U.S. National Guard Preparing For Cyberwar


By Stefan J. Bos, Chief International Correspondent Worthy

(Worthy News) – The U.S. National Guard is preparing for cyber warfare amid concerns about possible attacks on critical in the , Worthy News learned.

A related two-week training, dubbed ‘Cyber Yankee 2021’, was conducted by National Guard troops stationed across New England, officials said. The training offered a situation in which cyberattacks took down West Coast utilities and then moved eastward across the country.

Private-sector companies were reportedly involved in the exercise, which was meant to enhance the real-life approach to the simulated crisis.

Unlike Cyber Yankee 2020, this year’s version was in-person. There was a virtual involvement of the U.S. Federal Bureau of Investigation, the Department of Homeland Cybersecurity and Infrastructure Security Agency, Federal Energy Regulatory Commission, U.S. Cyber Command, and civilian agencies, according to officials.

Teams dealt with real-life malware to practice responses to threats from simulated threat actors played by active and reserve Marine Corps Defensive Cyberspace Operations-Internal Defensive Measures groups.

They also dealt with new defensive technology, the Cyber 9-Line, a dedicated communications channel allowing National Guard units to refer potential threats to the U.S. Cyber Command.

“You’re talking about, at the local level, straight connection to U.S. Cyber Command and the resources that they have,” said Maj. Ryan Miler, Connecticut Army National Guard cyber operations officer.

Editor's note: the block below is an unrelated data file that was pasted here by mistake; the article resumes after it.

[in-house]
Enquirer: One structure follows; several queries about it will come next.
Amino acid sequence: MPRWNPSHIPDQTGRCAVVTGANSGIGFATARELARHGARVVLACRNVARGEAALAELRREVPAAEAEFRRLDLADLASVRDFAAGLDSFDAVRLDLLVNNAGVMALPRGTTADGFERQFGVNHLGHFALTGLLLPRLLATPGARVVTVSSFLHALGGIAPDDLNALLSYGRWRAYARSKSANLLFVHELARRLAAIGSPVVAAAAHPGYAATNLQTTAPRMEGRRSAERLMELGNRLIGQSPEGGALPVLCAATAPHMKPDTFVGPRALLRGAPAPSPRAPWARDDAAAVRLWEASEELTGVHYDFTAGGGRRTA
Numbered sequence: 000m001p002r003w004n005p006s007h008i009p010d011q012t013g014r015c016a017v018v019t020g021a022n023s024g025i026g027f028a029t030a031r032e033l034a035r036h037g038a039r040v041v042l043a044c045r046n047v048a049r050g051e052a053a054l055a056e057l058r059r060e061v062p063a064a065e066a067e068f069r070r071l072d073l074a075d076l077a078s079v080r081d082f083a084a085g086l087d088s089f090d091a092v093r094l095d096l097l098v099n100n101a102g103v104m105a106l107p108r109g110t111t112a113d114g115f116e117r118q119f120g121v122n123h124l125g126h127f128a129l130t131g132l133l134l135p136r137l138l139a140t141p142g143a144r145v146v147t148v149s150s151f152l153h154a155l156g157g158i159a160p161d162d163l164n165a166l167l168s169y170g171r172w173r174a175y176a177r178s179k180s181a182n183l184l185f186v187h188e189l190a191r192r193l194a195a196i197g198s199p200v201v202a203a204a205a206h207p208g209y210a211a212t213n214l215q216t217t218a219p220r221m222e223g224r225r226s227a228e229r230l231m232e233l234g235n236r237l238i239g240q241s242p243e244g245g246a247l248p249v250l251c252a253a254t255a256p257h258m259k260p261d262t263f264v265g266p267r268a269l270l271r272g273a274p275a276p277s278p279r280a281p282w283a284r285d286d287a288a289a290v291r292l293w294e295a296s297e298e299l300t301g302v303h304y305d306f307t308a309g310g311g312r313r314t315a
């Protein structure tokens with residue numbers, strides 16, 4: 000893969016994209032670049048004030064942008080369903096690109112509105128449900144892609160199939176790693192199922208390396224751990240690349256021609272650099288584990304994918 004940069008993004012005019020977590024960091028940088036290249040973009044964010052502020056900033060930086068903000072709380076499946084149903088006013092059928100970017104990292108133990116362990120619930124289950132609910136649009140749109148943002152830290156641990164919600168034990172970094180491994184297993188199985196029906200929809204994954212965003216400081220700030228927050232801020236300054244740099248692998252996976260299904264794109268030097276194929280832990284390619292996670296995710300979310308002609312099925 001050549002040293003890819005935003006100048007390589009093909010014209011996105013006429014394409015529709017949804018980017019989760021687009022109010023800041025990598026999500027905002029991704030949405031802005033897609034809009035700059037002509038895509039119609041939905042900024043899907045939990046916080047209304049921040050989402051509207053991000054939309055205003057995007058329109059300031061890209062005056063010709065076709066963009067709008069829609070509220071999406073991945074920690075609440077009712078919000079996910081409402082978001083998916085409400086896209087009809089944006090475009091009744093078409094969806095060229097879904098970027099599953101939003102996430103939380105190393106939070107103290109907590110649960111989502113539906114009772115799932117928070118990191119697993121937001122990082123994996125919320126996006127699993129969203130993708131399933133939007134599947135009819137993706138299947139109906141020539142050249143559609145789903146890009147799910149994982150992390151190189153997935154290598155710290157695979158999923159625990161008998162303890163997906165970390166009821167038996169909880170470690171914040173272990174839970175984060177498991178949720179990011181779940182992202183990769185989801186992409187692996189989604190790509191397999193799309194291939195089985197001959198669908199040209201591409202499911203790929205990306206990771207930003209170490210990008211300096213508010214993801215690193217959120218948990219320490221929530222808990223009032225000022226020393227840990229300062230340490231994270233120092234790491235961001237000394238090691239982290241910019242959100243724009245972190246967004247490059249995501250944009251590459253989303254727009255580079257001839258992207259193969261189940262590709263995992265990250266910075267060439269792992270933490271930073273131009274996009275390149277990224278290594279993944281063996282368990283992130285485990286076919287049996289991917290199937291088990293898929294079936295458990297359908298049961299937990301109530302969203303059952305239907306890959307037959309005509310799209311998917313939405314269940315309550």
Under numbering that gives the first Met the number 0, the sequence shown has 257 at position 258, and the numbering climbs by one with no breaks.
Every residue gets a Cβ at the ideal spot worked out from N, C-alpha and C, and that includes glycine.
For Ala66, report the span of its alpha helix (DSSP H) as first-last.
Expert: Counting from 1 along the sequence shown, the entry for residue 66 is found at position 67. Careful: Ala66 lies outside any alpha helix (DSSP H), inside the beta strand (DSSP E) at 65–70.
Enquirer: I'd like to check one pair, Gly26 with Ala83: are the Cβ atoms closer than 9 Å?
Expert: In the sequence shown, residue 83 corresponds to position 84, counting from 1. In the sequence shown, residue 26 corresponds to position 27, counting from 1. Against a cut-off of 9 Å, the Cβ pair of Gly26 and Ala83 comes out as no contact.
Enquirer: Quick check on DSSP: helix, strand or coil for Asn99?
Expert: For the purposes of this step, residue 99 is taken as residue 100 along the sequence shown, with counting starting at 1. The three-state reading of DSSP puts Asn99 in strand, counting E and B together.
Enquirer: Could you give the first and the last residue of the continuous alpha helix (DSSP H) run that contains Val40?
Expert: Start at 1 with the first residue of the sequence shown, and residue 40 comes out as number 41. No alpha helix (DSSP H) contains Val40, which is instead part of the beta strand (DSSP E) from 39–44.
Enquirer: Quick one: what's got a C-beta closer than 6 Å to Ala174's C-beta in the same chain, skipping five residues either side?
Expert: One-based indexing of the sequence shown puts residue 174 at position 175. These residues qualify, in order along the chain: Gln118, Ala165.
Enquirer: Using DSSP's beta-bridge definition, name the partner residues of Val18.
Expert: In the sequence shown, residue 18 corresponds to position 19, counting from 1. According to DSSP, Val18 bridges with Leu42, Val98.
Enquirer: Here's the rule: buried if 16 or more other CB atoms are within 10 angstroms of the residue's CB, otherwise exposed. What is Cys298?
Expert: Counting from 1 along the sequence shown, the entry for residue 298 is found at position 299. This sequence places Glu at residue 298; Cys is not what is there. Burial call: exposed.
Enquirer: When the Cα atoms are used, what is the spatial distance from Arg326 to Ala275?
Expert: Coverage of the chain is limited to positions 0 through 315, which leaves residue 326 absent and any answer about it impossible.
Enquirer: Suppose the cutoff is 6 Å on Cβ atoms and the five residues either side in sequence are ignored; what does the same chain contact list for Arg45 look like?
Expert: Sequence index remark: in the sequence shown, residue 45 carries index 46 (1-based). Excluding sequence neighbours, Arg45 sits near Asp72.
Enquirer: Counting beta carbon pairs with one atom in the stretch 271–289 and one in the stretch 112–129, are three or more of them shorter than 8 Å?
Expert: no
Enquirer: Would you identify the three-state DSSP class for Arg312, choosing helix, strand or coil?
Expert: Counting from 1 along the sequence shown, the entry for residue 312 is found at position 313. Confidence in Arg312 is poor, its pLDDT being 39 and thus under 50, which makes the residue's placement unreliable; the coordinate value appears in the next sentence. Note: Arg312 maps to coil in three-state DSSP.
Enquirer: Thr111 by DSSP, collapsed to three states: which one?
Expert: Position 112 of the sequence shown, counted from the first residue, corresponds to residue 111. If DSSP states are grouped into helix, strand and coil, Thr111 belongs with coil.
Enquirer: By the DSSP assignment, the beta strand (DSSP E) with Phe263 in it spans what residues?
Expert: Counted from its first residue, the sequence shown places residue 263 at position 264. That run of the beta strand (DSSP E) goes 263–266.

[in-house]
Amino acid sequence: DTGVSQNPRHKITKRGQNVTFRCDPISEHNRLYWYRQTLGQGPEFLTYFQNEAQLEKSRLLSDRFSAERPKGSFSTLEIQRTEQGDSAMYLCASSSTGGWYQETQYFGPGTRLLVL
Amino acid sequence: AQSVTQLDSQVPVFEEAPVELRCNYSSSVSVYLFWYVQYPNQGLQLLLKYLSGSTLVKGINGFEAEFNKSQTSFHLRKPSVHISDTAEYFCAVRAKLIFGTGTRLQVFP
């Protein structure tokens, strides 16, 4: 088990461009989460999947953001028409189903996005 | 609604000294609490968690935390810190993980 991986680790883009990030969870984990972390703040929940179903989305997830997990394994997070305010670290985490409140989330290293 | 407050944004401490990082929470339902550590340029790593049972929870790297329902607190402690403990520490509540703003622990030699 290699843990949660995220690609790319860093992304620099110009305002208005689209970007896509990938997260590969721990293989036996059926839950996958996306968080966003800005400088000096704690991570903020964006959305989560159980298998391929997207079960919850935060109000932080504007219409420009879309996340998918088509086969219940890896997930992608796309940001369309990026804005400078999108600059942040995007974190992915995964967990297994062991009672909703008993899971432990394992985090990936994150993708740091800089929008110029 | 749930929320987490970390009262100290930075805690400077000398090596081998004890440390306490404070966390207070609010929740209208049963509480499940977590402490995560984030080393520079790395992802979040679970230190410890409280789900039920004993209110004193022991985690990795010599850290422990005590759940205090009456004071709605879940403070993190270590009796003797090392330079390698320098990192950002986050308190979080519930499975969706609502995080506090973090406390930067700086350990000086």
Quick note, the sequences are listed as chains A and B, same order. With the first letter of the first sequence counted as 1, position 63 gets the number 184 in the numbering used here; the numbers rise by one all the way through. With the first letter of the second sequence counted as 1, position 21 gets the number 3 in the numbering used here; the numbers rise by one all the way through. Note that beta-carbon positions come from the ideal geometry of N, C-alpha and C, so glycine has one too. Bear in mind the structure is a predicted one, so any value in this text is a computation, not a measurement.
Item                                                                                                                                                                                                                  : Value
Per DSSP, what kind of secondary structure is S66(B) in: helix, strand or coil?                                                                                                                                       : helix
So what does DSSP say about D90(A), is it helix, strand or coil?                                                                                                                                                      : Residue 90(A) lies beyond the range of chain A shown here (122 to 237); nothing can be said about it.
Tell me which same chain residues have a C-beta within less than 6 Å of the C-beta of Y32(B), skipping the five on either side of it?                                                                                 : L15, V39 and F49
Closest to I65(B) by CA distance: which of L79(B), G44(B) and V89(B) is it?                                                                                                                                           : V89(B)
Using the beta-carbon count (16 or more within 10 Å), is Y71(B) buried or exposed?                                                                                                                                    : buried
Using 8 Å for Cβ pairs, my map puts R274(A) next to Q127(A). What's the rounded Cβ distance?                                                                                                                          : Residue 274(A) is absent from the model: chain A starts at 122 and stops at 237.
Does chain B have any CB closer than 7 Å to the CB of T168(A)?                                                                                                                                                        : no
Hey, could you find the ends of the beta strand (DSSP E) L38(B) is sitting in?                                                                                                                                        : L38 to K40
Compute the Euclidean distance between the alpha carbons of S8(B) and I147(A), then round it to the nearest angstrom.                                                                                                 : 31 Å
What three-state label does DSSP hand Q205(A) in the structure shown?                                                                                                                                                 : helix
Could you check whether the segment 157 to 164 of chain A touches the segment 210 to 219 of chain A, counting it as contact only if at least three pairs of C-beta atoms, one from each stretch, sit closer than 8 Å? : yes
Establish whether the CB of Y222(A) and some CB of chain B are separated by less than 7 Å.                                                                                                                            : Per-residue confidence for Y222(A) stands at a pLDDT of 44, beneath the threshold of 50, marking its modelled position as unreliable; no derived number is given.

The exercises came shortly after U.S. President told his Russian counterpart Vladimir that particular critical infrastructure should be “off-limits” to cyberattacks.

But commentators said his efforts were unlikely to be more successful than previous attempts to carve out safe zones online.

The United States had its first serious taste of what that might mean last month. Ransom-seeking cybercriminals briefly triggered the closure of a major U.S. pipeline network, interrupting gasoline deliveries and sparking panic-buying up and down the East Coast.

Earlier cyberattacks aimed at the Ukrainian power grid and a Saudi petrochemical plant have also drawn concern.

In all those cases, the hackers involved are accused by the United States of either working directly for the Russian government or from Russian territory.

Russian officials have denied carrying out or tolerating cyberattacks, and President Putin has made no concessions on the issue.

Amid the turmoil, legislators in have urged greater involvement of National Guard troops in the cyber warfare domain. Democratic Senator Maggie Hassan and John Cornyn introduced legislation in January, noting that National Guard units can conduct cyber operations to protect infrastructure.

“We have seen unprecedented cyberattacks throughout the country this past year — most notably the SolarWinds attack, but also cyber attacks on schools, hospitals, and state and local governments amid the pandemic,” Hassan said in a statement at the time.

We're being CENSORED ... HELP get the WORD OUT! SHARE!!!
Copyright 1999-2022 Worthy News. All rights reserved.

If you are interested in articles produced by Worthy News, please check out our FREE sydication service available to churches or online Christian ministries. To find out more, visit Worthy Plugins.

Worthy Christian News